LUBBOCK, Texas — Dravon Askew-Henry has witnessed two West Virginia victories at Jones AT&T Stadium.
He hopes Saturday brings the hat trick.
“It’s sorta wild there,” the Mountaineers safety said. “I remember all the crazy stuff the fans were saying. They were into it.”
Askew-Henry was in street clothes for the 2016 game, rehabbing a knee injury that kept him out all season. West Virginia dominated that one 48-17.
Two years earlier, Askew-Henry was among the players who had fun with fans in postgame after Josh Lambert’s walk-off field goal delivered a 37-34 win.
While West Virginia (3-0, 1-0 Big 12) is best known for Will Grier’s passing barrage, the defense has been a pleasant surprise. It is tied for the FBS lead in points allowed (12.3), which is a fraction of what Texas Tech’s insane offense has averaged (52.0).
With true freshman Alan Bowman making the most of an injury that elevated him to starting quarterback, the Red Raiders top the nation in total offense (623.5).
“They move fast, they get a lot of first downs,” Askew-Henry said. “I feel like if we win on first down that will be the key for us.”
Texas Tech coach Kliff Kingsbury, on the hot seat after a season-opening loss to Ole Miss, has won three straight in the interim to steer his team back into the AP top 25. The lightly recruited Bowman is his latest passer to generate mind-boggling stats. Two weeks ago the newcomer threw for 605 yards and five scores in a 63-49 victory over Houston.
“Not surprisingly, he found himself another young quarterback that is as good as advertised,” West Virginia coach Dana Holgorsen said. “Ever since (Bowman) stepped in against Ole Miss, they’ve been playing at a very high level offensively. Kliff is doing a great job of mentoring that kid, training him, getting him ready to go, protecting him.”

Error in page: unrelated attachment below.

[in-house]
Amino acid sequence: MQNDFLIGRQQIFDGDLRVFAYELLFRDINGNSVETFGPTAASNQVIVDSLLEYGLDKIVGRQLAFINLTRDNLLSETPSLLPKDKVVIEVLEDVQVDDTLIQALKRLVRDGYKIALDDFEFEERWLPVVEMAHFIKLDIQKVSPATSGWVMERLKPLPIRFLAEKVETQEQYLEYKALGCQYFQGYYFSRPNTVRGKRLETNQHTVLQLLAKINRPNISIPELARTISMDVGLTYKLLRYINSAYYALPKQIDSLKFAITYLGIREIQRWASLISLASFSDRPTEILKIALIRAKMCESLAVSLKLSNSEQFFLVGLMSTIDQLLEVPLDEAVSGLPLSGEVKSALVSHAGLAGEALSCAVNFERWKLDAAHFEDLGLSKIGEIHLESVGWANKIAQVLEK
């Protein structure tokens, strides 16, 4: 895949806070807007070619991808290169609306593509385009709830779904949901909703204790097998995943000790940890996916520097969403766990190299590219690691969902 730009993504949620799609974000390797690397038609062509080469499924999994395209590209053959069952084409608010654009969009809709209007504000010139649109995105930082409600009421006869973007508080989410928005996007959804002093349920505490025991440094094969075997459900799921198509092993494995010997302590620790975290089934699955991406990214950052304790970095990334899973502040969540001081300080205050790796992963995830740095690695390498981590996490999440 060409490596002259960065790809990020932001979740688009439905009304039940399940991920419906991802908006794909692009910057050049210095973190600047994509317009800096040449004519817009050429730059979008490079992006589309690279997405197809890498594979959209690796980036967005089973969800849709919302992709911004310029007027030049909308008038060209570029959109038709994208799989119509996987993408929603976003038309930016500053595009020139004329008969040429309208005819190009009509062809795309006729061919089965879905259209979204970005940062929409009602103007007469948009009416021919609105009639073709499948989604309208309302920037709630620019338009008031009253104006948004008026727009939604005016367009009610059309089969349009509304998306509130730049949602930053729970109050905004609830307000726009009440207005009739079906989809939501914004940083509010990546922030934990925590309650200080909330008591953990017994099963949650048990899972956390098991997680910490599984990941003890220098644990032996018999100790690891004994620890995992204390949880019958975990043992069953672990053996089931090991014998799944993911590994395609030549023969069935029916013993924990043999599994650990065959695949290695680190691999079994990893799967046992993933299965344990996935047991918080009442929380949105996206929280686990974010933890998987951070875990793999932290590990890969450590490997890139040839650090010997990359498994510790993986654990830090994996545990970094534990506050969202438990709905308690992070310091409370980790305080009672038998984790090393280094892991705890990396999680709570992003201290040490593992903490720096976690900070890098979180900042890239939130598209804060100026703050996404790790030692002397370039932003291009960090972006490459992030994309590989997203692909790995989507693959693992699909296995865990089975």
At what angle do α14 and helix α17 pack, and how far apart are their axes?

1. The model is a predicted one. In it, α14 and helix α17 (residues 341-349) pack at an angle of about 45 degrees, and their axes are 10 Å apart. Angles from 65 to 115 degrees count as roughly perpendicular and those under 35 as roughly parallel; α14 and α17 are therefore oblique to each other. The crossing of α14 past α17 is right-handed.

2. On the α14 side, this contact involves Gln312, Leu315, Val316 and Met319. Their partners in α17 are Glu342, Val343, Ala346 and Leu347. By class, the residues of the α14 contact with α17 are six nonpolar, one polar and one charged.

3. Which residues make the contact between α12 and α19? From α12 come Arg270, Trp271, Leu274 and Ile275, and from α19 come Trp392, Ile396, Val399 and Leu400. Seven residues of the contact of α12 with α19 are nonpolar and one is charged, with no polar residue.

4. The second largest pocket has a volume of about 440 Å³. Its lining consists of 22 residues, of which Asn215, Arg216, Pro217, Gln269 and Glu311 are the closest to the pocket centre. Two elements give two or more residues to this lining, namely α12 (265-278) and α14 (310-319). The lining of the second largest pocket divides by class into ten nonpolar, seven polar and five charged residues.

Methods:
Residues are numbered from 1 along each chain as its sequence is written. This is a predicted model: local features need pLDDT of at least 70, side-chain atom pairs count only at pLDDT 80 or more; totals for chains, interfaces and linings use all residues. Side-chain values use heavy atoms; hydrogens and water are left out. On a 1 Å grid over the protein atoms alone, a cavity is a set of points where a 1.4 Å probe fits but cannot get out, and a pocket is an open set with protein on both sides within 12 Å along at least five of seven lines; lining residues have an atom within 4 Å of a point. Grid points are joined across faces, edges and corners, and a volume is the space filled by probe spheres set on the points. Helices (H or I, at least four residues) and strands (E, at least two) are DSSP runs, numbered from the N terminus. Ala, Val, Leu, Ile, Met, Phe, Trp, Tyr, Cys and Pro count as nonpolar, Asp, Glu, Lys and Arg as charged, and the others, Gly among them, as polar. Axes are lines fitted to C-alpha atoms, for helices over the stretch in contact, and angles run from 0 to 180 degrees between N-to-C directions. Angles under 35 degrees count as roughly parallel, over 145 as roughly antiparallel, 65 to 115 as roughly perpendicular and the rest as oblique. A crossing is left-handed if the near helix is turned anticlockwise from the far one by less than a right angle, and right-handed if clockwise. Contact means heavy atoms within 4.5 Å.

But Texas Tech (3-1, 1-0) is coping with its perpetual defensive shortcomings, at least until last week’s 41-17 upset at Oklahoma State.
Holgorsen credited the return of senior safety Jah’Shawn Johnson for the strong showing in Stillwater, when Texas Tech yielded only 386 yards and limited OSU to 3-of-13 on third downs.
“Those are the kind of things we wanted to do,” Johnson said. “We knew that if they couldn’t throw it around the middle of the field that we had a good chance of defending the deep ball so that was good on our part.”
Don’t expect WVU’s Grier to replicate Taylor Cornelius’ 18-of-38 passing, however. The nation’s No. 2-rated quarterback led the Mountaineers to 29 unanswered points in the second half of last year’s 46-35 victory in Morgantown.
Both teams feature a run-by-committee ground game with several backs who could turn up pivotal moments.